# Kinematics in One Dimension

## Key Formulas

Δx | displacement | m | |

v_{i} | intitial velocity | m/s | |

Δt | elapsed time | s | |

a | acceleration | m/s^{2} |

v_{f} | final velocity | m/s | |

v_{i} | initial velocity | m/s | |

a | acceleration | m/s^{2} | |

Δx | displacement | m |

## Tips to Remember

- Watch your signs! Objects moving in opposite directions have opposite signs. If a ball starts rolling up a ramp at 3 m/s and later rolls down at 2 m/s, then v
_{i}is 3 m/s, but v_{f}is -2 m/s. If the motion is vertical, it’s best to define upward as positive and downward as negative. This means that the acceleration due to gravity will be -9.8 m/s^{2}, not +9.8 m/s^{2}, because gravity pulls*downward*. Also, an object that ends up at a lower position than it started will have a negative displacement. - Sometimes v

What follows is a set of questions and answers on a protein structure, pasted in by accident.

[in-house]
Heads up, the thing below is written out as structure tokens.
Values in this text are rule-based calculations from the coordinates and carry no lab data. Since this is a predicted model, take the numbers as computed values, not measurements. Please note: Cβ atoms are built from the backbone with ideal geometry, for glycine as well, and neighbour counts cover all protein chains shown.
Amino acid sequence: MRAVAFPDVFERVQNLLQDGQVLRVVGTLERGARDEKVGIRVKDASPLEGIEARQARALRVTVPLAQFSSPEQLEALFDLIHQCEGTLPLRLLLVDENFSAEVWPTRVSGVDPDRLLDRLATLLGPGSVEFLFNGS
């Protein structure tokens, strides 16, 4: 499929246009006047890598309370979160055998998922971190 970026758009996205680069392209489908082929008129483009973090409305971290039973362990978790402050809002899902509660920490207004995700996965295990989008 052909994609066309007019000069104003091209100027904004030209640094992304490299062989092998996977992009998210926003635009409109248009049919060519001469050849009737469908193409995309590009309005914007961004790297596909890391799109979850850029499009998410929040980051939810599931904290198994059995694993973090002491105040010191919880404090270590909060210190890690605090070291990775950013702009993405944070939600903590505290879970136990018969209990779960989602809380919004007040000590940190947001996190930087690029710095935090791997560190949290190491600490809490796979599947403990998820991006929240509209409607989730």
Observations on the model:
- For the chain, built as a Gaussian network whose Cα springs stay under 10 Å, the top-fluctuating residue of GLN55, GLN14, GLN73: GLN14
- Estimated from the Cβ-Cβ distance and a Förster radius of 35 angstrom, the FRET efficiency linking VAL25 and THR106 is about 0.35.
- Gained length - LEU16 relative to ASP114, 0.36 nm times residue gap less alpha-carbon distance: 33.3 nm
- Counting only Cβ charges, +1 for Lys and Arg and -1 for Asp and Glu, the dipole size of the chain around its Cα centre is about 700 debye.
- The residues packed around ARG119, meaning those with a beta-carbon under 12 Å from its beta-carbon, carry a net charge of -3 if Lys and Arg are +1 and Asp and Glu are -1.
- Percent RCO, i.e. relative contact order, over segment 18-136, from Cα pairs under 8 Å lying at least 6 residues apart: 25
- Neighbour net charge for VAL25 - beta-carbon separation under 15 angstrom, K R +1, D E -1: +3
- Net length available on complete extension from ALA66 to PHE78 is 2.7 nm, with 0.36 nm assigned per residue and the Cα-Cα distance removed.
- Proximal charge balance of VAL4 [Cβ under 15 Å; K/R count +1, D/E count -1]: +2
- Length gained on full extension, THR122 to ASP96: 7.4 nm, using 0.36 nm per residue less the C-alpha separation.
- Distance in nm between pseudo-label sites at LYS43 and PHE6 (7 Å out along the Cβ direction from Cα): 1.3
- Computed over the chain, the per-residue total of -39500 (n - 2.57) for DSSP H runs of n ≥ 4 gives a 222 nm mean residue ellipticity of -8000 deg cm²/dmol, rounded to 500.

_{i}or v_{f}are zero, but you have to infer that from the information given. For example, “brakes to a stop” indicates that v_{f}is zero. Similarly, “an object falls from a balcony” (as opposed to being thrown) implies that v_{i}is zero. - On the other hand, don’t make the mistake of thinking that an object’s final velocity must be zero because it’s resting on the ground at the end of the problem. If your problem says something like “a ball falls 15 m to the ground,” the final velocity is the velocity the ball had reached at the instant it hit the ground. The final velocity isn’t zero
*until after the ground stops it*, and that’s no longer the same problem!

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